Tobi did not drive often; Mike and Nikki weren’t planning on giving him a car until after his first semester at A&M. They didn’t feel right about letting the night of their son’s prom pass without him being able to go where he pleased, and still insist they feel letting him borrow a car was the right decision. When he left his date’s house and went out into the world for a final time, he sent his father a text around 5:55 a.m. to check in.
“Dad, I’m on my way home.”
Just after 6 a.m., the car he was driving lurched across a median when — it’s assumed — he fell asleep at the wheel. The head-on collision killed 52-year-old Gertha Augustin, an MD Anderson nurse, at the scene and sent Tobi to Ben Taub General Hospital with severe injuries. Through Bruce Glover, the coach at Bellaire, Turgeon, Clark and the other A&M coaches were notified of the accident and immediately headed to Houston.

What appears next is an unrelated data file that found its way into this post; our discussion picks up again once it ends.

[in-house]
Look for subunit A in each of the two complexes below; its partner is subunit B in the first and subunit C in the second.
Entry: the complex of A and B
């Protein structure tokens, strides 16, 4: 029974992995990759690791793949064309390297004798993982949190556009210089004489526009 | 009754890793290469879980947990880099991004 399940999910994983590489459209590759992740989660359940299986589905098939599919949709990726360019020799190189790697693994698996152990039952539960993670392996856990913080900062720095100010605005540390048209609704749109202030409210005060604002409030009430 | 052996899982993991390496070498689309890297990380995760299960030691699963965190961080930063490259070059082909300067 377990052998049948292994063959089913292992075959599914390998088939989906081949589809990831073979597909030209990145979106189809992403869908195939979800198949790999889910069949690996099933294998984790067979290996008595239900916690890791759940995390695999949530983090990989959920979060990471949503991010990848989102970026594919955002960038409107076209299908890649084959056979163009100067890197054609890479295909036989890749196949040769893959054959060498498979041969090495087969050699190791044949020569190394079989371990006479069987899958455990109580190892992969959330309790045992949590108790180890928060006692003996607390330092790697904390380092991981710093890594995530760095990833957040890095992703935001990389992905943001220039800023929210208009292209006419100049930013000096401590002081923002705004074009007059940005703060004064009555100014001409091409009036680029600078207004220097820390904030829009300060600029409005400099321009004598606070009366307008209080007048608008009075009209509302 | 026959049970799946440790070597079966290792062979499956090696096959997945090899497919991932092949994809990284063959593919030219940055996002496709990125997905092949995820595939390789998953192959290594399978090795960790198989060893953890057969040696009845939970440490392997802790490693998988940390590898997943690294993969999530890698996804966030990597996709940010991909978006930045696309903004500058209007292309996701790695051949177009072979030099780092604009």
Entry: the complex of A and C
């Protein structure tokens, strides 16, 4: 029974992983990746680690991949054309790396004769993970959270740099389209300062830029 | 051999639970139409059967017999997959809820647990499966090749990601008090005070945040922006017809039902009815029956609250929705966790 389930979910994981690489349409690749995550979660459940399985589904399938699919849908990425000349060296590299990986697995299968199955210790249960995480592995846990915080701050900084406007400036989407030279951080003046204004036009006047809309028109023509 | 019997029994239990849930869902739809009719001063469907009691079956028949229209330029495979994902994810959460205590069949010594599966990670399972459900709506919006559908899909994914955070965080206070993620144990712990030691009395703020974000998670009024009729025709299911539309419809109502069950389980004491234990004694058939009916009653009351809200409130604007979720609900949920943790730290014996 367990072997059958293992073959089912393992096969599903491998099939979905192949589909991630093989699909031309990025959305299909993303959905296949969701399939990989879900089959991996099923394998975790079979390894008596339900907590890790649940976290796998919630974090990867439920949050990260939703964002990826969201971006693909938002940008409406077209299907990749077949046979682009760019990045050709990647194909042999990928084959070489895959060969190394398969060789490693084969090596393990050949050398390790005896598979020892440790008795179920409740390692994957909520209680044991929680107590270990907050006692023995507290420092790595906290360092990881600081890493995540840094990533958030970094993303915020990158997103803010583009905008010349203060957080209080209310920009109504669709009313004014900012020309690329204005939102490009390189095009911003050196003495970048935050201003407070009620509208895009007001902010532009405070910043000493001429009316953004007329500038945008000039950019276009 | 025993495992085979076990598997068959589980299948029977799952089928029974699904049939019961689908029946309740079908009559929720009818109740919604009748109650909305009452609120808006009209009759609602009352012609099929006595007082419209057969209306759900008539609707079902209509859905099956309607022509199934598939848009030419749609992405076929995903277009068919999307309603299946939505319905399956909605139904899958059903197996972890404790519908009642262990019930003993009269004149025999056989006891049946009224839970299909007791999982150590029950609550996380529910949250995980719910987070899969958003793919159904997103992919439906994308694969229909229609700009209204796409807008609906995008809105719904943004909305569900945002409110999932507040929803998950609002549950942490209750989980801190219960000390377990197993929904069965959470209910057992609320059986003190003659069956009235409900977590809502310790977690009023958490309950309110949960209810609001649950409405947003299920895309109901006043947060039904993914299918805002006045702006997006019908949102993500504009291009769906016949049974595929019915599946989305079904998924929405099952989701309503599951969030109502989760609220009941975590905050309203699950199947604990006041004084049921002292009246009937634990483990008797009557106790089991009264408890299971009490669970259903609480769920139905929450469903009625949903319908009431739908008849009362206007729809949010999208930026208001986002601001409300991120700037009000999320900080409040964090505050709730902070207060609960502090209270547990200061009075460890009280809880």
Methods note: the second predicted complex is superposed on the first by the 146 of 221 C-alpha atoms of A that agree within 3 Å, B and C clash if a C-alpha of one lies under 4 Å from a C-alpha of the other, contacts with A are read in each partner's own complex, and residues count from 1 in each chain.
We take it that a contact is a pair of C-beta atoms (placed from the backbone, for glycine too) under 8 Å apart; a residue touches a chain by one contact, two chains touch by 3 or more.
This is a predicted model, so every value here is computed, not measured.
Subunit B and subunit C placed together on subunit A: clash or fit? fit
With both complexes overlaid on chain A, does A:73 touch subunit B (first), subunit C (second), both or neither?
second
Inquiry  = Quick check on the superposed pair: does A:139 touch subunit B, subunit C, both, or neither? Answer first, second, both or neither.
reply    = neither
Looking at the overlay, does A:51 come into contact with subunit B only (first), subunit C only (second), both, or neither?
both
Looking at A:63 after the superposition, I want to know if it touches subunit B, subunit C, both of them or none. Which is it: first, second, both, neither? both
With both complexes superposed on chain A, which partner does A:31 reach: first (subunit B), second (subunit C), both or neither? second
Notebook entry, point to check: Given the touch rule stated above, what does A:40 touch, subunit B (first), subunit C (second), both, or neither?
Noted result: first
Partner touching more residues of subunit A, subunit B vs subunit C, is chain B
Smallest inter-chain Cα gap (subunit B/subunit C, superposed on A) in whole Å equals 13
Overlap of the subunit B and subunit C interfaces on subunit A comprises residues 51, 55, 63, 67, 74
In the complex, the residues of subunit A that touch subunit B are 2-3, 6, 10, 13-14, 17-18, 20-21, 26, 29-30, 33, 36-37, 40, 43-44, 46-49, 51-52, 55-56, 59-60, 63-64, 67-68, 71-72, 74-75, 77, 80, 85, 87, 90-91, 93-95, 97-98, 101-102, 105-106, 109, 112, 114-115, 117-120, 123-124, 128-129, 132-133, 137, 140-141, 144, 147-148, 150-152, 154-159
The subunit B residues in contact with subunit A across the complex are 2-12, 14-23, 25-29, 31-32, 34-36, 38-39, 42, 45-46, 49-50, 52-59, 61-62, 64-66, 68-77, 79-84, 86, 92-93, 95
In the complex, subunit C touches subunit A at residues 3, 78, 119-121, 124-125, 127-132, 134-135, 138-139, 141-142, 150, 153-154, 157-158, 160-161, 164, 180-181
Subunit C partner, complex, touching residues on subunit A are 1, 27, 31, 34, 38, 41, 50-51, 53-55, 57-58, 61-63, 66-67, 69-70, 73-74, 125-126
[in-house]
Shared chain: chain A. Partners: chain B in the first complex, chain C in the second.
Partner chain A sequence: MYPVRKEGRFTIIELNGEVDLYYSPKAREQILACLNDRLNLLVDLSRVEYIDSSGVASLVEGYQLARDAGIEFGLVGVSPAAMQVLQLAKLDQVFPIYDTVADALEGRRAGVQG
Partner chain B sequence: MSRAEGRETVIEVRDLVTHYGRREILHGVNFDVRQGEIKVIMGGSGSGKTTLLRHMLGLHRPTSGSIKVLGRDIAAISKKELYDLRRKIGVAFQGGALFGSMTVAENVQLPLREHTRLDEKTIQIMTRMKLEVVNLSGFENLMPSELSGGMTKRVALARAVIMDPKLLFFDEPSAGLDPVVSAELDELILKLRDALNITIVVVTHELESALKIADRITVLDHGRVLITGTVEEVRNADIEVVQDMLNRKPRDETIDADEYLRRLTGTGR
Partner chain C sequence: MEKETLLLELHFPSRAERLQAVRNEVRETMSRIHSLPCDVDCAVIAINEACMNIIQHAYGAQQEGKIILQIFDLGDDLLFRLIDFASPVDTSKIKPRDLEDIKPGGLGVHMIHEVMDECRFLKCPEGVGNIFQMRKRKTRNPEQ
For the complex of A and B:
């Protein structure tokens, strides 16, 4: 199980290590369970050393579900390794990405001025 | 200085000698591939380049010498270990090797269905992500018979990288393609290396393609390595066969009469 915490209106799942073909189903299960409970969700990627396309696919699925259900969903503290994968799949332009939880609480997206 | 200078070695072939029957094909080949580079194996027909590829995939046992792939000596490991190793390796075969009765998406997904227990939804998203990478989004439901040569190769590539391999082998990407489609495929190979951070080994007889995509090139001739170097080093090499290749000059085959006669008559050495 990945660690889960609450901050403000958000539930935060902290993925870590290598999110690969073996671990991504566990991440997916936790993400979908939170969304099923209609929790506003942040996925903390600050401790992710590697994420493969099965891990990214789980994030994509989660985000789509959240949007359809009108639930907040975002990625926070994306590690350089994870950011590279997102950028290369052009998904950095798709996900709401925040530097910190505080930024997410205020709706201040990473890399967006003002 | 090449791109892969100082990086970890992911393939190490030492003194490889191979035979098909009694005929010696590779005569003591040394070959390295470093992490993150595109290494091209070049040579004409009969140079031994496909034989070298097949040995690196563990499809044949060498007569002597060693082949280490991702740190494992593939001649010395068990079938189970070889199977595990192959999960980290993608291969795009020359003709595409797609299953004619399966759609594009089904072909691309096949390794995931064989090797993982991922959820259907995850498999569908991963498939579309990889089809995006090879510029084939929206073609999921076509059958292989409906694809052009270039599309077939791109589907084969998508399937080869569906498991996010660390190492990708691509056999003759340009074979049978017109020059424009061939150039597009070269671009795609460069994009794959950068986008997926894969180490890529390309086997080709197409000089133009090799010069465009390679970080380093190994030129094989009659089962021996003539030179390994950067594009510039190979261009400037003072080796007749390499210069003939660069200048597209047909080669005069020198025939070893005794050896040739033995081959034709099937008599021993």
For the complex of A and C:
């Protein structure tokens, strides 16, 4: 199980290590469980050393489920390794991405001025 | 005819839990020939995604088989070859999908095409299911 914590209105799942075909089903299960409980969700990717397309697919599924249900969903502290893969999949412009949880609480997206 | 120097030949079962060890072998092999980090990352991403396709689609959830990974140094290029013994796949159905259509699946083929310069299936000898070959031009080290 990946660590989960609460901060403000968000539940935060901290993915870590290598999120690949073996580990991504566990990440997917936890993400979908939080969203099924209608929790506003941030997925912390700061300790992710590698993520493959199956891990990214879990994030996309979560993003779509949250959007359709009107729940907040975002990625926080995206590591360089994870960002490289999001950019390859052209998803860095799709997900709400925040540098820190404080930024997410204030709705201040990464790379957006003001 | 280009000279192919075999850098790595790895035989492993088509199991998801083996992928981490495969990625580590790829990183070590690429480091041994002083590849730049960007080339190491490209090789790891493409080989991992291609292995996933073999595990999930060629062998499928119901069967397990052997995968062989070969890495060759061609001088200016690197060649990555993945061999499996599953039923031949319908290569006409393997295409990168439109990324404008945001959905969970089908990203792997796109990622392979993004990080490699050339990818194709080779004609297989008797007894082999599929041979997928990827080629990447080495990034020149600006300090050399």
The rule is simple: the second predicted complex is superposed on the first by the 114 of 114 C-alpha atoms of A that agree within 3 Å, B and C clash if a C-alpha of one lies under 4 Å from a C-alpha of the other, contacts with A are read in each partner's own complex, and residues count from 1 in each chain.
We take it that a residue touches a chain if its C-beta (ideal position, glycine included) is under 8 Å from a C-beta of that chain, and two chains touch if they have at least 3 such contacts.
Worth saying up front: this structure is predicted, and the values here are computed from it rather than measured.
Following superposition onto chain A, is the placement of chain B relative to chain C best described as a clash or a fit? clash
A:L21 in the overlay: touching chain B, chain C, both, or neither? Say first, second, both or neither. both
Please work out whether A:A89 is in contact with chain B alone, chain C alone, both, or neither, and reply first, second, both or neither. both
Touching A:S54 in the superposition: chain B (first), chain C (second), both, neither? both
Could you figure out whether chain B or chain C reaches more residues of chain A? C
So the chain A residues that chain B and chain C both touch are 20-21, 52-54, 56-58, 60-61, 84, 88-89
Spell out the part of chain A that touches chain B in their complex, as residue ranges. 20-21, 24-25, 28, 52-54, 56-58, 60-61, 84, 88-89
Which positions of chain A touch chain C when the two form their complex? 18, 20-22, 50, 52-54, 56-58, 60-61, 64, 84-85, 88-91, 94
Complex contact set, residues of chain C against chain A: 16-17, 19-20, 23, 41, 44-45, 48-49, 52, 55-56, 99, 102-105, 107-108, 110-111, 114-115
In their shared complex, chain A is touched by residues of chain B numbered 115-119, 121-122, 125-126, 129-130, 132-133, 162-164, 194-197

Of all people
Turner pauses, hunching forlornly on a bench in the Cox-McFerrin Center for Aggie Basketball.
“I’m on my way home. That was the last message he sent to his father,” he says. “That was just a big sign for me.”
Tobi’s parents nod with a faint smile when asked about the text. It’s still so hard for them to revisit, but there are no doubts.
“When he sent that, he wasn’t talking to us anymore,” Nikki says. “We know that at that point, he was beyond us. We know who he was talking to.”
That doesn’t make it any easier.
Tobi planned to room with freshman Daniel Alexander during the first year of school after they became friends in the travel team circuit and during the recruiting process. Alexander sits across from Turner, shaking his head.
“I just cried for a couple hours without talking to anybody,” he murmurs. “It didn’t seem like there was any reason for it. Hard worker, always gave the glory where it was due and played to contribute for his team, not for himself. He never did anything stupid, never put himself or others in danger. It made me ask, ‘Why him? Of all people?’ I still struggle with that.”
All eyes trail to the floor.
A tearful Turner rocks slowly on the seat, whispering to himself.
“He should still be here.”